It’s time to gather this past summer’s seeds from your favorite flowers and veggies to save for next year’s garden crops. In this post, I’ll explain how to harvest and dry seeds from your garden and share which seeds are the easiest to harvest for great results year after year. Before harvesting seeds from your […]
Milkweed seeds and pods ready to harvest. Milkweed is a great plant for Butterfly gardens.
Photo Credit : Pixabay
It’s time to gather this past summer’s seeds from your favorite flowers and veggies to save for next year’s garden crops. In this post, I’ll explain how to harvest and dry seeds from your garden and share which seeds are the easiest to harvest for great results year after year.
Before harvesting seeds from your veggies and flowers, it’s important to know if the plants the seeds are coming from are open-pollinated or hybrid plants. Open-pollinated plants are pollinated by insects, birds and the wind. Hybrid plants are plants that have been cross-pollinated under controlled conditions with the help of humans using two different species of the plant. Hybrid plant growers chose traits such as larger blooms and berries or preferred colors and traits to modify and control the plant’s appearance. Plants and veggies purchased from department and grocery stores are likely to be hybrids. Seeds harvested from hybrids will often times not produce the same results as those that were naturally cross pollinated. If you bought your flowers and vegetables from a farm stand or home gardener, results will be more consistent.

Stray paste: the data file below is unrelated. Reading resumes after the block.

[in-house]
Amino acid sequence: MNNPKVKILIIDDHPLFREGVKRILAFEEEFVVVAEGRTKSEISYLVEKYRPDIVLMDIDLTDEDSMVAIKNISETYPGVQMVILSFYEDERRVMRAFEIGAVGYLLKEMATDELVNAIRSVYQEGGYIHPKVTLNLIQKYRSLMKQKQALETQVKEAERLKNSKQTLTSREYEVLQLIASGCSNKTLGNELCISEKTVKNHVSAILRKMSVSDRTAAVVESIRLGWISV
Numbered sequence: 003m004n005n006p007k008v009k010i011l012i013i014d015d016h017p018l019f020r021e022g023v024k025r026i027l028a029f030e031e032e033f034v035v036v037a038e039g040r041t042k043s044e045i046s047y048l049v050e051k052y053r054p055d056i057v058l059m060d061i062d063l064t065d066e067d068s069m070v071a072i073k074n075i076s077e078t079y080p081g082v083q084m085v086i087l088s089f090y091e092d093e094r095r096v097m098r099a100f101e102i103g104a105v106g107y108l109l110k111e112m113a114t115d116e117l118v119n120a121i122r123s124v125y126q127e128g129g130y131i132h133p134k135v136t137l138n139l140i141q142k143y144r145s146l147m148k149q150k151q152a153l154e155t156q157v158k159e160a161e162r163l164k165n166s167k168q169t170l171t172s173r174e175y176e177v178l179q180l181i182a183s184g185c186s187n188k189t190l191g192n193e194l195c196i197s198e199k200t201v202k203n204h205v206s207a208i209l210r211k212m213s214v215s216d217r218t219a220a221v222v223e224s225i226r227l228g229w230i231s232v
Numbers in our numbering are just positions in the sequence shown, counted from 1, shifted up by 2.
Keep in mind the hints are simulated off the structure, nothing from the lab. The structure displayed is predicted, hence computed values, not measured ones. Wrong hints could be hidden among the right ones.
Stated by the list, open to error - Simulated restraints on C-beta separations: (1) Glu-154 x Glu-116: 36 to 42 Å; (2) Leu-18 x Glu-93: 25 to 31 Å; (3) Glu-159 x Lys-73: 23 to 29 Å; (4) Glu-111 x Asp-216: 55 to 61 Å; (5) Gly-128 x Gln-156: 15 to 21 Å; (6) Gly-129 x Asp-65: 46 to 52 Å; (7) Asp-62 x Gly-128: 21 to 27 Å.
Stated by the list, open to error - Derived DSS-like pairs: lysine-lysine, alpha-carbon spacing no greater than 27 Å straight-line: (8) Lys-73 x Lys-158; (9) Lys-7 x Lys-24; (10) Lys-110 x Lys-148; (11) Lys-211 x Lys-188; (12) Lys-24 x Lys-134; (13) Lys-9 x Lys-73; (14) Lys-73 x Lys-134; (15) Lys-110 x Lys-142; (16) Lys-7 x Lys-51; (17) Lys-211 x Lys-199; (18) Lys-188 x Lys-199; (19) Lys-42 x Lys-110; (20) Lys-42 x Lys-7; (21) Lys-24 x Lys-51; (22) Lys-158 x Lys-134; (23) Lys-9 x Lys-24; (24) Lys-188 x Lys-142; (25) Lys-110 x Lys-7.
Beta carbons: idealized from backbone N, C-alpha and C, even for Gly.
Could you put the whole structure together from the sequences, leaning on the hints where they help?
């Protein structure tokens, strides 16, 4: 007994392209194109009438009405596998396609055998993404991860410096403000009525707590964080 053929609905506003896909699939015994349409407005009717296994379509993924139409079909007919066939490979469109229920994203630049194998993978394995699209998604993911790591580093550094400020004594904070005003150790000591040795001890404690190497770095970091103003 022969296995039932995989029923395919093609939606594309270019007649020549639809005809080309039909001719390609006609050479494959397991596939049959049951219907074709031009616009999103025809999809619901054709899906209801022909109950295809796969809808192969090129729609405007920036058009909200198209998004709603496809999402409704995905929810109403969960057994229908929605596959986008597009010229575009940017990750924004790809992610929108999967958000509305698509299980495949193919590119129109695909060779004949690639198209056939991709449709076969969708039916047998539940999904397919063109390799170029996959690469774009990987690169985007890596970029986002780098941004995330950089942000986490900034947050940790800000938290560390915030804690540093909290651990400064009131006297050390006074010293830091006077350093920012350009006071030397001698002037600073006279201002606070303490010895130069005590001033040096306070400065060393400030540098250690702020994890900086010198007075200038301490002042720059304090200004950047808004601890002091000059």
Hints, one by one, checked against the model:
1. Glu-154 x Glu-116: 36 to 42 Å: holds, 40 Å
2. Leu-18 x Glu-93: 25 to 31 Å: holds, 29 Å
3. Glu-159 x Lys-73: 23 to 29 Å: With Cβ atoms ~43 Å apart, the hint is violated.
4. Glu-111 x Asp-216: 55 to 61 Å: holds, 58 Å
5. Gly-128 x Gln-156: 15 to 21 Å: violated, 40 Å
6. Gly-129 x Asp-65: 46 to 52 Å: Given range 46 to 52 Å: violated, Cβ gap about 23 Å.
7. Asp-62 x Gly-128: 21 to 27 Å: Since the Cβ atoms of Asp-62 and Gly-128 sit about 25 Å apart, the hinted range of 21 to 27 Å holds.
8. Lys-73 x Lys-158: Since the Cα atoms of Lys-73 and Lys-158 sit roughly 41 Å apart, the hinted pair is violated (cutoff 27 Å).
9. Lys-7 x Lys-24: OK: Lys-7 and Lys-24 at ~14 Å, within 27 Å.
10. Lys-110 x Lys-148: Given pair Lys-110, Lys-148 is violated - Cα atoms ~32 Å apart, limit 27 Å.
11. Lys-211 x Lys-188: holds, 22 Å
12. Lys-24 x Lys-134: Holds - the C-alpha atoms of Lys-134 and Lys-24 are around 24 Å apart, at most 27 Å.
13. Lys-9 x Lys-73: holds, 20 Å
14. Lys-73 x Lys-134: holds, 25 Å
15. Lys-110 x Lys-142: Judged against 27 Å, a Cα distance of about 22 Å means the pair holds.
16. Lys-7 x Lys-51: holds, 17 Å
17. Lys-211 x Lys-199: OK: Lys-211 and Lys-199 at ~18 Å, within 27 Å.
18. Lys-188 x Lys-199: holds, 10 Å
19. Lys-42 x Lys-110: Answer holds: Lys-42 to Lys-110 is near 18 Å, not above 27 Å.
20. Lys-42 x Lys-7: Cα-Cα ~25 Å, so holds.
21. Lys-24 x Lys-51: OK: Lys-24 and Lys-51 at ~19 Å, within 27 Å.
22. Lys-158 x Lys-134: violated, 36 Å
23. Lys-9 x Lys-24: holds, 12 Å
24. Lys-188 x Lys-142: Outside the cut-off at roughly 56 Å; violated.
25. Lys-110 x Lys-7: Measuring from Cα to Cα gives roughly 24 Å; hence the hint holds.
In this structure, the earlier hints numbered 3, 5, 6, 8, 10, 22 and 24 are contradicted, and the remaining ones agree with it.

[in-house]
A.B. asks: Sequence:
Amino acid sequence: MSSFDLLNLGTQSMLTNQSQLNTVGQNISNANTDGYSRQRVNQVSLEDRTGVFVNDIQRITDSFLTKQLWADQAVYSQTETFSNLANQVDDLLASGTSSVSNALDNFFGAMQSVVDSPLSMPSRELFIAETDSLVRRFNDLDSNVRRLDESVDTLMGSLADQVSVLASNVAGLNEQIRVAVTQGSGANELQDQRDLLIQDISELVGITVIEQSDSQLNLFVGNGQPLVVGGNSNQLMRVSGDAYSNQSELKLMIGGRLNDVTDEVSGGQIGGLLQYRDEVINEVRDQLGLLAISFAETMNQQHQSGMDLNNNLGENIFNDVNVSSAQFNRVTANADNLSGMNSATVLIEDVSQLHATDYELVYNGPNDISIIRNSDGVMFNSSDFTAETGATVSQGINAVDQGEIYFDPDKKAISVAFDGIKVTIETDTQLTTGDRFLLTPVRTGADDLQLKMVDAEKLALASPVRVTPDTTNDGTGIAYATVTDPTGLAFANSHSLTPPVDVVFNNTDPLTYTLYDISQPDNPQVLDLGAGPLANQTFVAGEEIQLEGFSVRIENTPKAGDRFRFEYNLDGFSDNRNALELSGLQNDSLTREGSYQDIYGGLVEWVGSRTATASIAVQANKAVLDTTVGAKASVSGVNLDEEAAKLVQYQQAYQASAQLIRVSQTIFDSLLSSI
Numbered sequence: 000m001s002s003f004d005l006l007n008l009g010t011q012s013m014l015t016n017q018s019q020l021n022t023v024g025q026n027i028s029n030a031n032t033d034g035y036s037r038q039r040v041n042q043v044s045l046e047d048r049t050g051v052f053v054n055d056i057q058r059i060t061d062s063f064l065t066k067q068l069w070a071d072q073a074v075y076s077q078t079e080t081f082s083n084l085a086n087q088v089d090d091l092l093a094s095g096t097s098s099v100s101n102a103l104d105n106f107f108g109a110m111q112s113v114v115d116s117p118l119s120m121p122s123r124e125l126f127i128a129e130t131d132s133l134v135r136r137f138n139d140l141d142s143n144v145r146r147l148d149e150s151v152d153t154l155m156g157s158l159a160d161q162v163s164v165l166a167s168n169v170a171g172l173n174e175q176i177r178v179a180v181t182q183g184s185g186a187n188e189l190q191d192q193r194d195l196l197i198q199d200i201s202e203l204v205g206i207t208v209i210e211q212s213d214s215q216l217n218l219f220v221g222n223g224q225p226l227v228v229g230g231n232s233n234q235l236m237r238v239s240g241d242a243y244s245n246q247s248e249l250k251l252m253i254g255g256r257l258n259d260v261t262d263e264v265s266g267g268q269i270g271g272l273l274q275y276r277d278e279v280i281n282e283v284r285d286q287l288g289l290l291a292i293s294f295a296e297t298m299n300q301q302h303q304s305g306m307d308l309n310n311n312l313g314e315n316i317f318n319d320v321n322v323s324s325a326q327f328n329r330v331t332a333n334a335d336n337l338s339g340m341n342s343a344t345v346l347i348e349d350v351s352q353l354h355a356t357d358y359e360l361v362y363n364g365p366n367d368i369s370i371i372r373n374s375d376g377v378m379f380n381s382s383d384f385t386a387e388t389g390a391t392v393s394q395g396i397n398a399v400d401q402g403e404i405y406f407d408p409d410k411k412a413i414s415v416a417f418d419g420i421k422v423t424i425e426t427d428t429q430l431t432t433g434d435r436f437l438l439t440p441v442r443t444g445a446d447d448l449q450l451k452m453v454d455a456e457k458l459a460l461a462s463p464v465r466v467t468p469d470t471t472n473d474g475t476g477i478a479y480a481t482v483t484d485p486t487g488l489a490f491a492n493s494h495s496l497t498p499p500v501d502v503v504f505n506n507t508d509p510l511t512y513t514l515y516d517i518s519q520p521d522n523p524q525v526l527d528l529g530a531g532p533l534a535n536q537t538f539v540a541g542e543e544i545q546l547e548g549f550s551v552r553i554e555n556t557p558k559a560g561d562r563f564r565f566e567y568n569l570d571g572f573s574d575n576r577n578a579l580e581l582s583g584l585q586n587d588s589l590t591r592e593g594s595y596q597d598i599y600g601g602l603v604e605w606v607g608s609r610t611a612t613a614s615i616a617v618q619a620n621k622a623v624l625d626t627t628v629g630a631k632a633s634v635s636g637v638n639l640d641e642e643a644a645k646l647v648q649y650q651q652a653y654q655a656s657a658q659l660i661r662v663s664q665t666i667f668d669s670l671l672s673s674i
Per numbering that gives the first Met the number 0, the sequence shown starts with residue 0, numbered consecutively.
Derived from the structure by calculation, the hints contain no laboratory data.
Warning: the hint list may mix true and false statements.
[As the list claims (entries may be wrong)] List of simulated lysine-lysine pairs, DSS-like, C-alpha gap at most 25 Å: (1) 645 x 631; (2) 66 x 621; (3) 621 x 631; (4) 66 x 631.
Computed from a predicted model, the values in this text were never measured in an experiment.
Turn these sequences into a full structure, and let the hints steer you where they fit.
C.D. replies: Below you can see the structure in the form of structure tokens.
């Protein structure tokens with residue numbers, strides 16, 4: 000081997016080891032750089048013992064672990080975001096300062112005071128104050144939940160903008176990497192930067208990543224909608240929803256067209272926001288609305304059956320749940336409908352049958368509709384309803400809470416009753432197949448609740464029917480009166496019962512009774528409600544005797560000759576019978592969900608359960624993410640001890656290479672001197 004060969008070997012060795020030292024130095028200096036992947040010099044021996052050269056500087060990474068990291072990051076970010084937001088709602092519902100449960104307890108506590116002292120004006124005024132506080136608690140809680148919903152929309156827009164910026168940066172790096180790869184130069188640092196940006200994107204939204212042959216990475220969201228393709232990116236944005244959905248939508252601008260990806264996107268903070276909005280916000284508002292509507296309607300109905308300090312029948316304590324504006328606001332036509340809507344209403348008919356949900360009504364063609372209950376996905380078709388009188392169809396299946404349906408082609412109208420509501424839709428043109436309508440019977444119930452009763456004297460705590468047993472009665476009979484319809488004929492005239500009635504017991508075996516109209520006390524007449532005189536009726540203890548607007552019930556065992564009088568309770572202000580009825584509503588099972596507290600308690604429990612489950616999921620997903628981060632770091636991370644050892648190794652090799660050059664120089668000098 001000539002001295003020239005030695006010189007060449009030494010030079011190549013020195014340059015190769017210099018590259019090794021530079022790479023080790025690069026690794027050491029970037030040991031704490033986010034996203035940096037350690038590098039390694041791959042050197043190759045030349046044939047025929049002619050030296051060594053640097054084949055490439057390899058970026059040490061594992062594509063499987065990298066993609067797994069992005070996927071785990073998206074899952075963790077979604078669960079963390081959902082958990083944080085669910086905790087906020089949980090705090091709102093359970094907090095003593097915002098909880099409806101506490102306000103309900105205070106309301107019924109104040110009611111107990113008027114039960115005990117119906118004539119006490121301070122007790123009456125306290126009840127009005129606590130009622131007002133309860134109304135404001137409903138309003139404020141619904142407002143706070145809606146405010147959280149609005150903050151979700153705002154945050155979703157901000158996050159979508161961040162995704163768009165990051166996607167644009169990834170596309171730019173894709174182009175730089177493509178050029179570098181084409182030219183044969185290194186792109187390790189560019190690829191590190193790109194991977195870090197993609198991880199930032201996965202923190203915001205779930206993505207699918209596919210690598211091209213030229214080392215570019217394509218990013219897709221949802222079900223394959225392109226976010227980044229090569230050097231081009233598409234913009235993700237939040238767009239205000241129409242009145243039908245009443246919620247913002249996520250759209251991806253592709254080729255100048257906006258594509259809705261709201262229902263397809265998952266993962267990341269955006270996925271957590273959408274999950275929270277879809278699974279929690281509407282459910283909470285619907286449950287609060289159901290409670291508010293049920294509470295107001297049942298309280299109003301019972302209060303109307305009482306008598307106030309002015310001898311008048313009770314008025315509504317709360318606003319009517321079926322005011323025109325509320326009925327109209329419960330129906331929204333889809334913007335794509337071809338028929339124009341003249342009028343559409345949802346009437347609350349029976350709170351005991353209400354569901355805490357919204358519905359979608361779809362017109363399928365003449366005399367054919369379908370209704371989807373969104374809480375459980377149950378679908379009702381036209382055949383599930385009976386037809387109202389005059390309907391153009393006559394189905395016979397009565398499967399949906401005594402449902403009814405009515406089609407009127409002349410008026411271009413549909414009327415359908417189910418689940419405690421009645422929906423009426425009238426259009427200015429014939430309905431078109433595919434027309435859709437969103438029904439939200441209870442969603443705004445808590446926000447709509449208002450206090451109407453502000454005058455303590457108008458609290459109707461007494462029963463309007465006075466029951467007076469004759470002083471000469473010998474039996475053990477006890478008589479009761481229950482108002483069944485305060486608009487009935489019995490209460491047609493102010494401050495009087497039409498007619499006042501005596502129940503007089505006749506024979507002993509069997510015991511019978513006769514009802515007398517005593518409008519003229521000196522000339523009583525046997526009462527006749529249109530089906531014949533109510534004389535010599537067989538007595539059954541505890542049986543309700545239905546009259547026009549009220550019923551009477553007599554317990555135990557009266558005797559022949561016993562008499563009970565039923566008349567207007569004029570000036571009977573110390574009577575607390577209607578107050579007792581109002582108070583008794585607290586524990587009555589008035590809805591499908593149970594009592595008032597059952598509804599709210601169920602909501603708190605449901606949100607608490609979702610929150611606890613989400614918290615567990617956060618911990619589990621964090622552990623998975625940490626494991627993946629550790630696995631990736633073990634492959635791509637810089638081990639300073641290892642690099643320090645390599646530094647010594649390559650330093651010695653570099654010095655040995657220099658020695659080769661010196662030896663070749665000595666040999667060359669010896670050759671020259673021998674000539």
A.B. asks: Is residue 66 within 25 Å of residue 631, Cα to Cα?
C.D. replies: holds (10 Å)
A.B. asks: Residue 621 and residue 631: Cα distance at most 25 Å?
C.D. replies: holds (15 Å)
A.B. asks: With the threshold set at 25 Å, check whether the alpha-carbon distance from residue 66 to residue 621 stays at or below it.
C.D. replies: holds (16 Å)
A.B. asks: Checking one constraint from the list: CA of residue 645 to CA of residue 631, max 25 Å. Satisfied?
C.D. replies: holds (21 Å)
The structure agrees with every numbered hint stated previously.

Instructions on How to Harvest Seeds:
Prepare for seed harvesting by labeling small paper bags or manila envelopes with the name of the plant seeds you are harvesting and the date and color of the flower if applicable. Use sharp kitchen scissors for cutting pods.
Look for seeds with dry and brown pods.
Snip the entire pod into the paper bag or envelope and shake to loosen the seeds.
Leave the bags/envelopes open and hang from a rafter in a dry area with good air circulation.
Let the pods and seeds dry for a few weeks, occasionally checking the bags for mold and shaking the contents to aid in the drying process.
If the seeds have not dried completely after a few weeks, spread them out on newspaper for another week before re-checking them.
After the seeds have dried completely, remove all pods and debris and loosely re-package the seeds in a clean, labeled paper envelope and store in a dry place until planting time.
Gardener’s Tip: If you have an abundance of dried seeds, you may want to create your own seed packets by decorating envelopes with scrapbooking supplies and printing directions for planting the seeds. These packets make great gifts.
Top 5 Flower Seeds to Dry
Top 5 Vegetable Seeds to Dry
Know that you know how to harvest and dry seeds, start planning next year’s garden. Happy Harvesting!